What is Margin of Safety?

Created on 03 Aug 2019

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Updated on 16 Oct 2020

Origin of ‘Margin of Safety’

The term ‘Margin of safety’ was coined by the famous founders of Value Investing, Benjamin Graham and David Dodd, in their book ‘Security Analysis’, which was published in 1934. It has also been described and discussed about in the 1949 book ‘The Intelligent Investor’ by Benjamin Graham.

Meaning of Margin of Safety

A major principle in the field of investing is the Margin of Safety (MOS), according to which an investor should only purchase securities when the market price of those securities is much below the intrinsic value of those securities. The Margin of Safety is basically the quantum by which a company’s shares are being traded below their true (intrinsic) value in the market.


This principle facilitates the investor a margin of safety in accordance with his/her own risk preferences. While purchasing securities the investor can decide with a clear vision about what is the minimum and maximum risk that he/she hasto take in order to gain returns. The presence of a margin of safety allows for an investment to be made in a way that is safe for the particular investor.

Accounting and MOS

In the field of accounting, the margin of safety means the difference between the actual sales of a firm and the breakeven sales of a firm. This knowledge is used by the managers to determine the minimum sales before the venture becomes unprofitable or starts making losses.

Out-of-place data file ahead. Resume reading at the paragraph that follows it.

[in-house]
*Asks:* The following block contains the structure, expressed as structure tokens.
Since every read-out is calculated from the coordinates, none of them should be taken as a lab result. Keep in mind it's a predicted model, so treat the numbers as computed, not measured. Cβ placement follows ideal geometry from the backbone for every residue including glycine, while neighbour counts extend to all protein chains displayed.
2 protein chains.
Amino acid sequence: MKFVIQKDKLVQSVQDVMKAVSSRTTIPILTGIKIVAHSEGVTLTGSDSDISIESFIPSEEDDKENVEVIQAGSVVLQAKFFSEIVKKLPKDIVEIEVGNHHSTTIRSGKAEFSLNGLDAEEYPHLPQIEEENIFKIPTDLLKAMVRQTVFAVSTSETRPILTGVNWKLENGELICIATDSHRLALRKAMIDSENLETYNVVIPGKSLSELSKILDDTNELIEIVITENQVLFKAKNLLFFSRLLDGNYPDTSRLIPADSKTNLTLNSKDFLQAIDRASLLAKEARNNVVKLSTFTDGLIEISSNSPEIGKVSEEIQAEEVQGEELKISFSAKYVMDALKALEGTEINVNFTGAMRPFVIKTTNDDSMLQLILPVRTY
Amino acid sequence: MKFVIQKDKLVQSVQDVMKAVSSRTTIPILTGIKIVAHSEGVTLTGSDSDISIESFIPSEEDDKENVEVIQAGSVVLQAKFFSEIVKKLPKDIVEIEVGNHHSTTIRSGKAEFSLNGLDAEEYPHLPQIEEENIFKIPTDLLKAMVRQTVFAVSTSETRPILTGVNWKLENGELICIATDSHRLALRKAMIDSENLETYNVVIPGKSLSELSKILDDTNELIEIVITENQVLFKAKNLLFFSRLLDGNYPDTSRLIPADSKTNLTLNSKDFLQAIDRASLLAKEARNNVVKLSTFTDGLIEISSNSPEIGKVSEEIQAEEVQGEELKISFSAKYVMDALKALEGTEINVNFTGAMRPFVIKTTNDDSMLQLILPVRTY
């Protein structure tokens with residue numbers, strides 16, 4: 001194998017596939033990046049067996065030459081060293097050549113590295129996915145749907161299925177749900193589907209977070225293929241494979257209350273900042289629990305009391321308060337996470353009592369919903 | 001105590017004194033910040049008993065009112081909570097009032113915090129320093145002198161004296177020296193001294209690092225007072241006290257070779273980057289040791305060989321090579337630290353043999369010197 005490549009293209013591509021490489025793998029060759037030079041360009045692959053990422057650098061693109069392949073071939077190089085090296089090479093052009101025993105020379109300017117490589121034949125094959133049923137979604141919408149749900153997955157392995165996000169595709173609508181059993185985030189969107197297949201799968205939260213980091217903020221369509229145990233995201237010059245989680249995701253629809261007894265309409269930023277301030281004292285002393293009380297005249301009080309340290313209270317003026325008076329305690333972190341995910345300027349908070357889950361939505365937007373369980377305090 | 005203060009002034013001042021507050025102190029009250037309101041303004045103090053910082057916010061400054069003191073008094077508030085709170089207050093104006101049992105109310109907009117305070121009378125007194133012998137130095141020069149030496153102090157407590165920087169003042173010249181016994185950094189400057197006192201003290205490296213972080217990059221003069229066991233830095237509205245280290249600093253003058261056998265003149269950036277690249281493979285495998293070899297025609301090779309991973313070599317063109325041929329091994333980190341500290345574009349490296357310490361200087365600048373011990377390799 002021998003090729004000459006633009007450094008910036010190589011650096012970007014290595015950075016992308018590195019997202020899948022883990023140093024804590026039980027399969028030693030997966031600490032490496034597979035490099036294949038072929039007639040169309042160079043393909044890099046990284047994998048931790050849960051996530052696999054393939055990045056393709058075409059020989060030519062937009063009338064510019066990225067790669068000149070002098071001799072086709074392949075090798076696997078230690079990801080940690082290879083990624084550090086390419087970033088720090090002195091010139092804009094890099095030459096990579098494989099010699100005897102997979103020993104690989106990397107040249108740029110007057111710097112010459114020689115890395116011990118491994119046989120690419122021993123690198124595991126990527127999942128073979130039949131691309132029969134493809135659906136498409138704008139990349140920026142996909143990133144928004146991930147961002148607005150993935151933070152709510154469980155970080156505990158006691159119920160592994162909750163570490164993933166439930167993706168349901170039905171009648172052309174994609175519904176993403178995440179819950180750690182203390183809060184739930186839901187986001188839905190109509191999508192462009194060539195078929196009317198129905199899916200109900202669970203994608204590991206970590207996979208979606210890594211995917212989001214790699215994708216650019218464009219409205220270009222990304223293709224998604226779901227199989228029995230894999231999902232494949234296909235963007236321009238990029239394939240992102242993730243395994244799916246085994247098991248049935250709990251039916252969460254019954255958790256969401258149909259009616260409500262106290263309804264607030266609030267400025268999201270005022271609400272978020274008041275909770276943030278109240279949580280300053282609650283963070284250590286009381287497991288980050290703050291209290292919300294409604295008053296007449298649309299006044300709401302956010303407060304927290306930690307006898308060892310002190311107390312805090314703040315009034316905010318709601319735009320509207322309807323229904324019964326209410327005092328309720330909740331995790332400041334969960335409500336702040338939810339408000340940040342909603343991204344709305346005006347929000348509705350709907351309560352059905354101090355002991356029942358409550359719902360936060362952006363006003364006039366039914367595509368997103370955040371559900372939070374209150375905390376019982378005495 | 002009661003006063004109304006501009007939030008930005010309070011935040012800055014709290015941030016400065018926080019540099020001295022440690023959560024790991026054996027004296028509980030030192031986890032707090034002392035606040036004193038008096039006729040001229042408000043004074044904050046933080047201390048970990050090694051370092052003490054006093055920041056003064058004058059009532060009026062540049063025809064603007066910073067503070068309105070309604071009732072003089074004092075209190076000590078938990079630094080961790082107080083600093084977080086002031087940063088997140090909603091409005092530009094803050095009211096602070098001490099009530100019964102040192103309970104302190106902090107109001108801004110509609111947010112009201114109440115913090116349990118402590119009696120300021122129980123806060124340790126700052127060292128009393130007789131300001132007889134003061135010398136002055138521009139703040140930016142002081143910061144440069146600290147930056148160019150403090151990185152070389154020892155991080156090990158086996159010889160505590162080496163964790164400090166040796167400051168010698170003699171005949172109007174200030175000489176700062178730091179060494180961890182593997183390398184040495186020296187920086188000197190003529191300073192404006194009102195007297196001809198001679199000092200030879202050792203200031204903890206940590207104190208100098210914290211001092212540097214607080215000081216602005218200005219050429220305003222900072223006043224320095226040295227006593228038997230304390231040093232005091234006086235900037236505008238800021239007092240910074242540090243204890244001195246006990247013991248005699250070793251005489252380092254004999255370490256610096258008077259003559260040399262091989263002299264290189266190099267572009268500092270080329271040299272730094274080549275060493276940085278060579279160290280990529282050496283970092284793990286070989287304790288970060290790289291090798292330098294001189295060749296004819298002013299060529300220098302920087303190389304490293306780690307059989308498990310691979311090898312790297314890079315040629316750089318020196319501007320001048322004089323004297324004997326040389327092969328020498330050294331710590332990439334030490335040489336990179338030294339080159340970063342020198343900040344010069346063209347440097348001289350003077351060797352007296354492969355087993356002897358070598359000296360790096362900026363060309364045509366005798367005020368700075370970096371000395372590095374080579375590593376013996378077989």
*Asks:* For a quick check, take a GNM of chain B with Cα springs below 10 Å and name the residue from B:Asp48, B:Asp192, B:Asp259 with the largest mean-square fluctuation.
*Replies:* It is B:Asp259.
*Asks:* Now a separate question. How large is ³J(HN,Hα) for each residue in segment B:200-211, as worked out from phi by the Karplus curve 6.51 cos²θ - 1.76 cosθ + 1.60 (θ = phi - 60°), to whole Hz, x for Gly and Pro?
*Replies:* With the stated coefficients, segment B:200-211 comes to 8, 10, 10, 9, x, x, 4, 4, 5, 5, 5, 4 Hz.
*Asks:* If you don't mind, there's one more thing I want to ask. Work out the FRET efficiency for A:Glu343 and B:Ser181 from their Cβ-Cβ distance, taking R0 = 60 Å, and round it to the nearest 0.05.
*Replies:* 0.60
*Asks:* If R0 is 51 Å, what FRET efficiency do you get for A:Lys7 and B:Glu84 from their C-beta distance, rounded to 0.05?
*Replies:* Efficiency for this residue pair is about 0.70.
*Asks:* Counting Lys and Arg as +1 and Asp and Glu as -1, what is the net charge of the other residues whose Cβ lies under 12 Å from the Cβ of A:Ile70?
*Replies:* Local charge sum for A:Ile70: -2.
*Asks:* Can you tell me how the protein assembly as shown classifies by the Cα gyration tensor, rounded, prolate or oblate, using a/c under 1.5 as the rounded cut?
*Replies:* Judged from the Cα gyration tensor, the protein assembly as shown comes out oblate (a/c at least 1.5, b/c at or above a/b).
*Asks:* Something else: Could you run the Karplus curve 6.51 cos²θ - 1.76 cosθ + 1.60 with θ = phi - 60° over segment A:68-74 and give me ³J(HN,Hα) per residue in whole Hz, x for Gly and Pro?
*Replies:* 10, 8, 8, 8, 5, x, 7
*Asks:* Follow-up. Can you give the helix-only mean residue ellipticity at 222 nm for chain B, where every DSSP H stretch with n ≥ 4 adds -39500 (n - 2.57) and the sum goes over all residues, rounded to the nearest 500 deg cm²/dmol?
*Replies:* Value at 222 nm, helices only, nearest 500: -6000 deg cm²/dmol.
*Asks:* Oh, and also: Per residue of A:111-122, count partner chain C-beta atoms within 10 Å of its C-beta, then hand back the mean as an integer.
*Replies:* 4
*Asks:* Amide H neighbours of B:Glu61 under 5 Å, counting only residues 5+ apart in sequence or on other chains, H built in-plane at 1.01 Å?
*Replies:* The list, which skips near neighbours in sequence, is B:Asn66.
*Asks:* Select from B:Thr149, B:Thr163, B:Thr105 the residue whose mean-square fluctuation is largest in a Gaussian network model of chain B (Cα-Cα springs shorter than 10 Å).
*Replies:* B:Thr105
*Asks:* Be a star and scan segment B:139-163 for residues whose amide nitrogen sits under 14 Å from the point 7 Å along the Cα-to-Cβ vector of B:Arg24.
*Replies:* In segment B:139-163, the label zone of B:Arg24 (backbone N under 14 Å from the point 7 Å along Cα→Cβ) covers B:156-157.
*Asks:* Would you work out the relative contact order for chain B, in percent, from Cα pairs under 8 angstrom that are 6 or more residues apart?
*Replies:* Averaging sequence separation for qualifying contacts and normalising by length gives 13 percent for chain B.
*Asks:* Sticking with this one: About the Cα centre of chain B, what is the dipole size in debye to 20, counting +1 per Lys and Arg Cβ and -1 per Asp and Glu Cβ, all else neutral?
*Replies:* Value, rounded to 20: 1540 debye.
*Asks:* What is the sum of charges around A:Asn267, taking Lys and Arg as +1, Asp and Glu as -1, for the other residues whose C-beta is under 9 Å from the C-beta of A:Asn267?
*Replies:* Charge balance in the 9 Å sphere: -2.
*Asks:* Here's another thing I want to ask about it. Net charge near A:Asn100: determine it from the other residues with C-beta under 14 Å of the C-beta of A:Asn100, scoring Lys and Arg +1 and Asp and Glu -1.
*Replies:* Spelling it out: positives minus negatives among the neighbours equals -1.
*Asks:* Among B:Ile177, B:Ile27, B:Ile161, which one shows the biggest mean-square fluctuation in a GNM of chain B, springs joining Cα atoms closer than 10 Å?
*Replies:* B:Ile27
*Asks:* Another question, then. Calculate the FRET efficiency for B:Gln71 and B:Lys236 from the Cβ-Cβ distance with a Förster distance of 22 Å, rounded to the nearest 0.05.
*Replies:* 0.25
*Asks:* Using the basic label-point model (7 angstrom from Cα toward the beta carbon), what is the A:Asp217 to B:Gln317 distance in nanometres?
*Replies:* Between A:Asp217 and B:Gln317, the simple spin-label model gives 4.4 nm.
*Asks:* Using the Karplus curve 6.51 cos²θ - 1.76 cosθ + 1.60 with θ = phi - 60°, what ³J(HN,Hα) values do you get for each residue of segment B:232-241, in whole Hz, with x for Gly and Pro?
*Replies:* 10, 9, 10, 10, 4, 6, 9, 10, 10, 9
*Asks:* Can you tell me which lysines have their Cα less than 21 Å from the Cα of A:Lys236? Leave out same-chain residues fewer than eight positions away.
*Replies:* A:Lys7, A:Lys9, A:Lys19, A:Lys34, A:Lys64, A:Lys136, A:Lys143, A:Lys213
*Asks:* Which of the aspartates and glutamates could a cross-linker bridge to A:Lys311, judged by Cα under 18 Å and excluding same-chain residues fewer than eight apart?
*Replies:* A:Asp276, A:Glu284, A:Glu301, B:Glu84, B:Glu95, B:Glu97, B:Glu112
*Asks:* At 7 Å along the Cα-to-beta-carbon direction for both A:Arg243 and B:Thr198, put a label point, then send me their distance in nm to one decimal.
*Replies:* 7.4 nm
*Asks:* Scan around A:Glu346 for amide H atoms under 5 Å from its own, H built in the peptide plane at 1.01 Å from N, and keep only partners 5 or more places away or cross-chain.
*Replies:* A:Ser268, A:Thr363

Understanding the Difference between Price and Value

Generally, the value estimated by the investors and the market price of a stock are close to each other, apart from the daily fluctuations in the market. However, there is a conceptual difference between the value and the market price of a share. Price is essentially what we pay to own the stock. On the other hand, value is what we receive due to the ownership of the share.The concept of getting more value that what one is paying is fundamental to the principle of Margin of Safety.

Importance of Margin of Safety in Investing

The world is rapidly changing around us and to overcome the risks of high volatility, mischance, imprecisionin the true valuation or the calculation of the intrinsic value of a security and human errors that may amount to huge losses, investors seek a Margin of Safety to safeguard the future of their investments.

  • Human errors are natural, even in the field of investing. The Margin of Safety keeps the investors better protected against the risk of human mistakes in the estimation of the value of a company’s shares.
  • Margin of Safety provides the investors with a cover against global risk factors as well as the factors that they may not be able to control due to high volatility in the market.
  • There are some risks which we are known of while some, otherwise. The risks, that we are not aware of, were termed as the “Unknown – Unknown” by Benjamin Graham. The Margin of Safety provides protection against these risks as well.
  • Most of the valuations are based on certain assumptions which may as well prove to be wrong. Margin of Safety shields the investors from these blunders.

How to Reckon the Margin of Safety

Formula for Margin of Safety (MOS):

MOS = 1 – (Share’s Current Market Price/ Share’s Intrinsic Value)

For example;

An investor believes the intrinsic value of a share to be Rs. 500. The investor buys the share at the market price of Rs. 400 only.

Hence, MOS = 1 – (400/500) = 0.2.

Therefore, the Margin of Safety is said to be 20%. This is because the investor has paid only 80% of the intrinsic value of the share. The rest is attributed to the Margin of Safety.